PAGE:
Bionic Woman

Taking "Bionic Woman" as her Trail name, she headed north from Georgia's Springer Mountain and set her sights on Maine's Katahdin mountains, home of Baxter Peak, the end of the Trail.

Bionic Woman "only" hiked seven miles her first day on the Trail. As if that's something to be ashamed of because she "should have" done more while carrying a pack on her back with all her gear. Can you imagine?

Years ago I tried to talk my older brother, Jim, into hiking the AT. That's been a dream of his for most of his life. I think his reference to the Trail was my initiation into its existence. Jim is pushing 70, in great shape and really could make the trek.

Jim (I call him "Jimmy" of course) said he has bad knees and a pain here and/or there.

I smugly replied with advice that I would never accept for myself:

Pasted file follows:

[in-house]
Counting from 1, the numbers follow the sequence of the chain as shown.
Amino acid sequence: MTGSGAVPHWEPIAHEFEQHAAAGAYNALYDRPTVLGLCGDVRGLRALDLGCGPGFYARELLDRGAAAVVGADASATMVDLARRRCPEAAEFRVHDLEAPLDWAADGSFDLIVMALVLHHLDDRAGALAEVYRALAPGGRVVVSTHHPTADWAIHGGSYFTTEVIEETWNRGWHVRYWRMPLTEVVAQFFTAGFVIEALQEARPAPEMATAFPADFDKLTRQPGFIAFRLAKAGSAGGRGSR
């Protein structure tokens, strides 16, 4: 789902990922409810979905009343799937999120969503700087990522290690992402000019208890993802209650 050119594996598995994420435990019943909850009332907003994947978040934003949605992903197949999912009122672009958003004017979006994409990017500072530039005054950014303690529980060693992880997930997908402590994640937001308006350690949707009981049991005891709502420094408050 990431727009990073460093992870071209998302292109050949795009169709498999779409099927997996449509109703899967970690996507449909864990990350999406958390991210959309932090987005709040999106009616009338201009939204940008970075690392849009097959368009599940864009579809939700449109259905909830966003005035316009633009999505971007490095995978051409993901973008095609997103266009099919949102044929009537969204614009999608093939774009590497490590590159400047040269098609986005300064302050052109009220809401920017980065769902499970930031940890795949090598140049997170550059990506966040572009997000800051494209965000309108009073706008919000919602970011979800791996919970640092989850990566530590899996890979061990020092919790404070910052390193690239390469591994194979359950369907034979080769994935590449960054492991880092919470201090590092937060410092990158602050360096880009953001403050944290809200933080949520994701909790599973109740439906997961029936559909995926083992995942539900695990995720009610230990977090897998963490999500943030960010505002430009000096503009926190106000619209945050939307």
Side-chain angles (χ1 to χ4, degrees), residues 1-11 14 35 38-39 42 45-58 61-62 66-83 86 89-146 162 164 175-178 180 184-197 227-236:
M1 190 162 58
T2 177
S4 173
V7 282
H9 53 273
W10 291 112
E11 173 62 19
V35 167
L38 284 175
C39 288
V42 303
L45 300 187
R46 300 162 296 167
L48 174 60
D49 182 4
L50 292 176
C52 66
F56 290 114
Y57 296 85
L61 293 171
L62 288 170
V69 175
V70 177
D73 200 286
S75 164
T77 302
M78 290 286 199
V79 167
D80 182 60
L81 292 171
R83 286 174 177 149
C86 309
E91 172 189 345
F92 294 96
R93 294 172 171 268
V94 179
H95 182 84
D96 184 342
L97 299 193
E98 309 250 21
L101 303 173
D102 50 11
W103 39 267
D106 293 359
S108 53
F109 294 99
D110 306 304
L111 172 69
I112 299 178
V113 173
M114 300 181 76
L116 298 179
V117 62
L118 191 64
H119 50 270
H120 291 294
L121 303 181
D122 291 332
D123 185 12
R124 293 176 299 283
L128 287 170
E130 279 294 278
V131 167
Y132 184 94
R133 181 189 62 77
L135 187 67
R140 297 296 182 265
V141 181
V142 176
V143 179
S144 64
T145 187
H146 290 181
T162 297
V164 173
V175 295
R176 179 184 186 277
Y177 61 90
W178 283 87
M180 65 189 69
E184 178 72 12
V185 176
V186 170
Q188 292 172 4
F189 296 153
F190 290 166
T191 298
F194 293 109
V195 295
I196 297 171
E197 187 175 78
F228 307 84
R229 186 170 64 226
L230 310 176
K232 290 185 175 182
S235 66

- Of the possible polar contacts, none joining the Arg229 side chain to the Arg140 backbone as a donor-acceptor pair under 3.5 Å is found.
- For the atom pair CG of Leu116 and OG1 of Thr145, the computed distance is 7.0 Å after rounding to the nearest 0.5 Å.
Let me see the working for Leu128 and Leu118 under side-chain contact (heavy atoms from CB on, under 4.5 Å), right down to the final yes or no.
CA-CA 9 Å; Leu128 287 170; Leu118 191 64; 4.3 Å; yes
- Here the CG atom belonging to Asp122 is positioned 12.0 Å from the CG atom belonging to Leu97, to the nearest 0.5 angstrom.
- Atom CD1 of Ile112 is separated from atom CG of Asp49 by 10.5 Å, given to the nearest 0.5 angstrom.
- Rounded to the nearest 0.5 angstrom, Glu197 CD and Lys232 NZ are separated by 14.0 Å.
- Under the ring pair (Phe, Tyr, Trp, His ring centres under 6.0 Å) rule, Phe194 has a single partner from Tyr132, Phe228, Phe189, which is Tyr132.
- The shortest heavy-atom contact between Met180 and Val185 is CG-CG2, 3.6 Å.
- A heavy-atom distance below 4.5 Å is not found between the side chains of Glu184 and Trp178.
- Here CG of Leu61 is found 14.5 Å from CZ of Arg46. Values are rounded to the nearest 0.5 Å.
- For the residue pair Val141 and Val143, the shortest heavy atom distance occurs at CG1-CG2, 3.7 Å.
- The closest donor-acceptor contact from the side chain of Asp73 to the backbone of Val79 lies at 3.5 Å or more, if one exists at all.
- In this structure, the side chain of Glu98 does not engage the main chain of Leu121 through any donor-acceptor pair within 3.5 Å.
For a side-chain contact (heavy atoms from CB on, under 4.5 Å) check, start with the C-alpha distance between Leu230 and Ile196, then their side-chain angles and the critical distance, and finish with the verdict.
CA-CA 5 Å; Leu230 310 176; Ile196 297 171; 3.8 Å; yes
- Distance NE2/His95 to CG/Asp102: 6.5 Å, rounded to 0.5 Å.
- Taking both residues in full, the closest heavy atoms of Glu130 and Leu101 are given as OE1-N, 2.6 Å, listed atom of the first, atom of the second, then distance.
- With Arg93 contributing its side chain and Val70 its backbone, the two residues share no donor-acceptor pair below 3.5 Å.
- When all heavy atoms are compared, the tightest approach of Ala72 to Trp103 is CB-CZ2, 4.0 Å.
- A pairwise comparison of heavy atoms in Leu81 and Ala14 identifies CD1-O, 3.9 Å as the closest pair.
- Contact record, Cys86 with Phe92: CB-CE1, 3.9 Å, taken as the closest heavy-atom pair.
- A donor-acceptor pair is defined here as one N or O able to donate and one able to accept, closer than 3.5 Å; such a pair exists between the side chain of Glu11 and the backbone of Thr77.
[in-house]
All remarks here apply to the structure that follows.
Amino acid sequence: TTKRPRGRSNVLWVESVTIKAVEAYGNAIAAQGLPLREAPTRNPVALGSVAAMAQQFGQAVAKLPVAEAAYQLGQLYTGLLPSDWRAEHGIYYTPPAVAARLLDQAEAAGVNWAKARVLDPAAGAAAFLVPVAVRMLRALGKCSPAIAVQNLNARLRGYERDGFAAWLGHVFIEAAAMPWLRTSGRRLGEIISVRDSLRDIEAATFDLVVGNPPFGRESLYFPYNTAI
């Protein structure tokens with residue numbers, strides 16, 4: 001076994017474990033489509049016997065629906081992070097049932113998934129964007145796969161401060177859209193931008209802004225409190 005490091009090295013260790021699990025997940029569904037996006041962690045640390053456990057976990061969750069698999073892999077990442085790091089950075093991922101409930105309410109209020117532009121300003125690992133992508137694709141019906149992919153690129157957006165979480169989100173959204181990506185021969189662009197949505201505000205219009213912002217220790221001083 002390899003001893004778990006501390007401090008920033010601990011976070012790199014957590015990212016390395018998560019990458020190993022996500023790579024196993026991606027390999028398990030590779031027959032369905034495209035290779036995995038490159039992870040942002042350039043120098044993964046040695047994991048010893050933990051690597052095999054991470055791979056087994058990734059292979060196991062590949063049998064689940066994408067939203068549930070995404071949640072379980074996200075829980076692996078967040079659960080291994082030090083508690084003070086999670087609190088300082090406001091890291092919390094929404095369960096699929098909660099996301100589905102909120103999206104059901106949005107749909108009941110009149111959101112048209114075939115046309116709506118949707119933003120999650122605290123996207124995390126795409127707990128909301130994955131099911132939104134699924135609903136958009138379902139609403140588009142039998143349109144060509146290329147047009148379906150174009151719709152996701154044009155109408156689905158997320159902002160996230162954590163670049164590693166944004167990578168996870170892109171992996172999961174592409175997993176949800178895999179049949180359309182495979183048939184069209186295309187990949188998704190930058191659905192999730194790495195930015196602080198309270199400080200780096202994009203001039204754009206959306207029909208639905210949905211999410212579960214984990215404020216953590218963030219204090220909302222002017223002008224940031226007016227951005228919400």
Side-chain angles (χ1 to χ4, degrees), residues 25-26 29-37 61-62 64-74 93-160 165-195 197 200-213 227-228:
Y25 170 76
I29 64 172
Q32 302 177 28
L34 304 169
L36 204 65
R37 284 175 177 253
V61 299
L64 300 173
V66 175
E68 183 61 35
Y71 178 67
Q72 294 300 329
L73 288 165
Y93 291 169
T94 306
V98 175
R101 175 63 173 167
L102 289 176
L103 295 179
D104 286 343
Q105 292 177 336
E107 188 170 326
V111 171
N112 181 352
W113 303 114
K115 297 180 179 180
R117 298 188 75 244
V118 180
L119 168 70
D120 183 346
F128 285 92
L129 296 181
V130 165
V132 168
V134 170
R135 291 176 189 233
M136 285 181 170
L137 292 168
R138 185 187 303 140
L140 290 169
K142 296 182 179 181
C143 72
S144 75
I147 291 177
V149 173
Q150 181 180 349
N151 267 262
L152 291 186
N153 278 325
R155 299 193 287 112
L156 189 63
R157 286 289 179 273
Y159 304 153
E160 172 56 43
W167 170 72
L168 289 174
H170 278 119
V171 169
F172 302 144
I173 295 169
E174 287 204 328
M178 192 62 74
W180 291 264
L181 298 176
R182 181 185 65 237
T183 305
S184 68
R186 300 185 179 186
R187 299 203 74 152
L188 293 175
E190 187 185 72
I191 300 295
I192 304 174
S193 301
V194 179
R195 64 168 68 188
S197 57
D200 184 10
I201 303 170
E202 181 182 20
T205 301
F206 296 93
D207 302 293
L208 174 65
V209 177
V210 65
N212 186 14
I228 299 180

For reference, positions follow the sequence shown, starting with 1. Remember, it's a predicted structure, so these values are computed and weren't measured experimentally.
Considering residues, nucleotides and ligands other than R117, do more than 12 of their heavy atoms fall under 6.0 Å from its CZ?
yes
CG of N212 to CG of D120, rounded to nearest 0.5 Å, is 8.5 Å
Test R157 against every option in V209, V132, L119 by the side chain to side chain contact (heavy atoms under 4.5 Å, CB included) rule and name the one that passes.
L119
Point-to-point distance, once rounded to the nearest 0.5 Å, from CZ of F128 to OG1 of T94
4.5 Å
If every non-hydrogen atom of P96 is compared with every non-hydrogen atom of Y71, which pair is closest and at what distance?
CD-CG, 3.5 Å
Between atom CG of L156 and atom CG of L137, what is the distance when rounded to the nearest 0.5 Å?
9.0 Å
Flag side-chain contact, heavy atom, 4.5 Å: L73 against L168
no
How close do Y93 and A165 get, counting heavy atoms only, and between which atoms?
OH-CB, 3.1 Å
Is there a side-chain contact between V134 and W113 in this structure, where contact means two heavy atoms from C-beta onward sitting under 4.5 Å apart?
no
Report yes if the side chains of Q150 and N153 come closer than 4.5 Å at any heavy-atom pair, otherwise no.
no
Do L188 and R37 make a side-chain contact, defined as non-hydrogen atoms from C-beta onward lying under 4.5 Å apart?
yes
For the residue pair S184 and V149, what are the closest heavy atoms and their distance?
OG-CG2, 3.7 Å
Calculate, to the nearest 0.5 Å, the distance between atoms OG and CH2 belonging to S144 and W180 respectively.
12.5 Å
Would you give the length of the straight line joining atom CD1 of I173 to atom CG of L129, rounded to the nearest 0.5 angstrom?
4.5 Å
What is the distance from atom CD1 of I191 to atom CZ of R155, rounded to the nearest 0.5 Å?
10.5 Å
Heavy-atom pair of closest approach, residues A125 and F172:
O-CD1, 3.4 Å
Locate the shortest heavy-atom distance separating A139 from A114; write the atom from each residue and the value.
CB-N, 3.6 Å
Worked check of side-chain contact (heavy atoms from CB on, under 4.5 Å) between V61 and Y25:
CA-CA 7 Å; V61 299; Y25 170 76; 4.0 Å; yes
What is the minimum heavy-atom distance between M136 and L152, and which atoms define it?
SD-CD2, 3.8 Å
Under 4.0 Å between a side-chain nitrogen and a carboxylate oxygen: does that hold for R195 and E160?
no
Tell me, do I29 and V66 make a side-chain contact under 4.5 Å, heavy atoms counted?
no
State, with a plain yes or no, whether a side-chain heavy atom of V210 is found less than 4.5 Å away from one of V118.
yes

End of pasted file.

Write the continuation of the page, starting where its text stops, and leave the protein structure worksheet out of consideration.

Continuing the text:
Pffft! You could make it! If you got into trouble, the blind hikers and the folks on crutches would help you, until the little girls and old men arrived to care for you.

Laugh, but that's true.

Great pain and great tragedies can birth great triumphs.

I marvel at the life and achievements of Niki Rellon -- when she had two good legs and now that she is the Bionic Woman.

If I understand correctly, as of the end of July, 2015, Niki has hiked more than 1,000 miles. She made it to Harpers Ferry, WV, then flip-flopped to Maine.

That's where hikers climb an almost-mile-high-mountain in order to begin to hike the Appalachian Trail southward to Georgia.

Here's the story of her descent from Katahdin posted at